In just over two months’ time, US president-elect Donald Trump will settle into the Oval Office, bringing with him a cadre of advisors so far rumored to include neo-conservatives, former lobbyists, and outspoken conspiracy theorists. Just down the hall will sit the man who, perhaps more than anyone else, helped steer Trump toward the White House: Steve Bannon, erstwhile executive chairman of the conservative news site Breitbart and Trump campaign CEO, tapped earlier this week as Trump’s chief strategist.
Over the past week, Bannon has metamorphosed from background actor to household name. Originally hired by Trump’s team in August, Bannon has retained his slouchy look: part football coach, part ex-husband who’s overstayed his time in Margaritaville. But his casual appearance belies his organizational acumen and keen sense of the political currents roiling the American right.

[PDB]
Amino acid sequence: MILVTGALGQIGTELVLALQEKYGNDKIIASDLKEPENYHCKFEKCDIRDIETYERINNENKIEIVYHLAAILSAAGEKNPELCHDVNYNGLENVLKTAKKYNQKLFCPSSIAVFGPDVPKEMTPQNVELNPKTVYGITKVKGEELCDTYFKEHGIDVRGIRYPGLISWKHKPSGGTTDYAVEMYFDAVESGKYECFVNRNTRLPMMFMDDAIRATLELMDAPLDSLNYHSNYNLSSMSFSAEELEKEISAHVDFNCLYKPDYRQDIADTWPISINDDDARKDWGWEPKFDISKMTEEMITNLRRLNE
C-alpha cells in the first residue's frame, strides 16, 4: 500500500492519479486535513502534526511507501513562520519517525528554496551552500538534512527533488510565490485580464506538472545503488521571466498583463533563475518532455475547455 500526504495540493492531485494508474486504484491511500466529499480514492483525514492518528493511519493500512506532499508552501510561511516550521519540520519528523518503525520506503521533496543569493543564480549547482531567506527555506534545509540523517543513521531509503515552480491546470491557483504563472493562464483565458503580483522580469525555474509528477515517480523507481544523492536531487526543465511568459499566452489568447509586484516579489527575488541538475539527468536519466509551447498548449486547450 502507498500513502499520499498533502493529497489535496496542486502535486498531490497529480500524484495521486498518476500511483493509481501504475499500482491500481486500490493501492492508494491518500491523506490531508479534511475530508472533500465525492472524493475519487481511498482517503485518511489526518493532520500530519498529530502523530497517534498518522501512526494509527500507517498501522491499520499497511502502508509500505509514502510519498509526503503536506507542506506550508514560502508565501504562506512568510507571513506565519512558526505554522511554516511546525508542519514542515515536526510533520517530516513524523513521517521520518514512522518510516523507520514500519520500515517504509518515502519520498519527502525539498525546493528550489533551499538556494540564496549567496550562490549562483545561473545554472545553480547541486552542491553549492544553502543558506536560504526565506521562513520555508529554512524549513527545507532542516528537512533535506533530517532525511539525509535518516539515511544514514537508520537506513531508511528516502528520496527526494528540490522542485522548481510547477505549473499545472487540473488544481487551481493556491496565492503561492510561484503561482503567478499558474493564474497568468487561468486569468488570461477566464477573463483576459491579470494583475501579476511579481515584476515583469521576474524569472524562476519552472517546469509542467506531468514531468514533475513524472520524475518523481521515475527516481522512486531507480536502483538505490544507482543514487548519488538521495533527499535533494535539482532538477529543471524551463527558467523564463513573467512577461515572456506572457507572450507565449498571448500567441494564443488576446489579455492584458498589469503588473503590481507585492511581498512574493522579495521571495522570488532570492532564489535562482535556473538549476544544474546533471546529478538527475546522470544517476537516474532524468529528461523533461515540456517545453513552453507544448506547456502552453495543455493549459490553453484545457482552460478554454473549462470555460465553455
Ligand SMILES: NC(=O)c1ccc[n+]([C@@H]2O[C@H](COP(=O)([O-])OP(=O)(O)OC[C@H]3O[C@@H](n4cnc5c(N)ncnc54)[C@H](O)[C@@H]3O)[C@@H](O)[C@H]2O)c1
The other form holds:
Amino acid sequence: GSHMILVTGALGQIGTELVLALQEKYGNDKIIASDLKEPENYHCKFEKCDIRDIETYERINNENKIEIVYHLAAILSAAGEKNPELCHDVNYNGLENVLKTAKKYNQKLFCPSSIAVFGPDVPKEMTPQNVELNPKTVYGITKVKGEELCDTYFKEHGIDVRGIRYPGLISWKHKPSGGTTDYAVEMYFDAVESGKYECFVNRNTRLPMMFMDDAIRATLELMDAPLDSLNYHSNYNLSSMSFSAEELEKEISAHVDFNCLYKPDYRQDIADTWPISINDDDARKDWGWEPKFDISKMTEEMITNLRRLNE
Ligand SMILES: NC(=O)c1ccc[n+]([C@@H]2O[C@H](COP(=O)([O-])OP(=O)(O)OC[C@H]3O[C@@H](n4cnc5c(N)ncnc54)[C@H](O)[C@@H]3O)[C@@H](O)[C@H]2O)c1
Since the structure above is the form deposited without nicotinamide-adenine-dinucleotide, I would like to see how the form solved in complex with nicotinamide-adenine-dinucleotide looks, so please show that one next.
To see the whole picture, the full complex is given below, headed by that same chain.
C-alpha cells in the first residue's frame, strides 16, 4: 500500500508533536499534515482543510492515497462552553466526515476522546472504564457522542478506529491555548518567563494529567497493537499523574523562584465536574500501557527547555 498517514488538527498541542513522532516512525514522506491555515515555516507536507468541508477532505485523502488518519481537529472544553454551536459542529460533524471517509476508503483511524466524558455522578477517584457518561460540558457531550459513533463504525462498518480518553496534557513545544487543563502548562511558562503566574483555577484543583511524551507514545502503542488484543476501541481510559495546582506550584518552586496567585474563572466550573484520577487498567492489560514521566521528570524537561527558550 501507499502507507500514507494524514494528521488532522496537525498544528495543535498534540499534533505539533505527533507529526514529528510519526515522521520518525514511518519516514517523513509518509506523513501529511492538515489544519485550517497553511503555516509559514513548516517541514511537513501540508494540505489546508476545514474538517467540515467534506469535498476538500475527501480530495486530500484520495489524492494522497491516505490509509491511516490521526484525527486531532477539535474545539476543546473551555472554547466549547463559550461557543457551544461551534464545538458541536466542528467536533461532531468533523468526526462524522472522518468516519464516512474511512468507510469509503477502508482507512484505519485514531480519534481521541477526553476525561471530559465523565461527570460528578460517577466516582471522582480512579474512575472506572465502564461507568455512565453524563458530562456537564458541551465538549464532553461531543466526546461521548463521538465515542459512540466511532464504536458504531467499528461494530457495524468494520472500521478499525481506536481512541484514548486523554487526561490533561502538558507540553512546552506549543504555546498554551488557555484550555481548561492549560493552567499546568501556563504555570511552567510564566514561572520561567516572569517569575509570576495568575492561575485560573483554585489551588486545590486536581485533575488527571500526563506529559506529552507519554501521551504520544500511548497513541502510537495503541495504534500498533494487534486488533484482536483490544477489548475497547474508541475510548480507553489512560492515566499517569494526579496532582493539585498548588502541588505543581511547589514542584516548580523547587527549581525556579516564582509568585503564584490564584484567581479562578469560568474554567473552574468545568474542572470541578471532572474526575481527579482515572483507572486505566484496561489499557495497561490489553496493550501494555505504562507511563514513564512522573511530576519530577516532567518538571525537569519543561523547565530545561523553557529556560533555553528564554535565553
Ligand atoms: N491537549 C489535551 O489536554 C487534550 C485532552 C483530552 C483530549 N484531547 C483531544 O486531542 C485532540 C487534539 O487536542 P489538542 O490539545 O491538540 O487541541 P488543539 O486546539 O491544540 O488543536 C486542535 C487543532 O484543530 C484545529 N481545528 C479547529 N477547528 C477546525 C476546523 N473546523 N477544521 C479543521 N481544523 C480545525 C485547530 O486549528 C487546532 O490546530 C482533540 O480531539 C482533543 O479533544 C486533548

Questions remain regarding Bannon’s true beliefs and desired political outcomes. Namely, is Bannon a white nationalist? And if so, what does that portend for the US, and the racial, sexual, and religious minorities suddenly nervous about their place in broader American society?
The immediate answer as to whether or not Bannon is a white nationalist is—with numerous caveats—no. Or at least, he has taken pains not to identify as one. Unlike the most outspoken white nationalists (see: Matthew Heimbach, Richard Spencer, or the Northwest Front), Bannon has never espoused either immediate or future desires to expel non-whites from the US. Those close to Bannon also disavow claims about his racist and misogynist attitudes, which often single out Muslims, women, and Jews.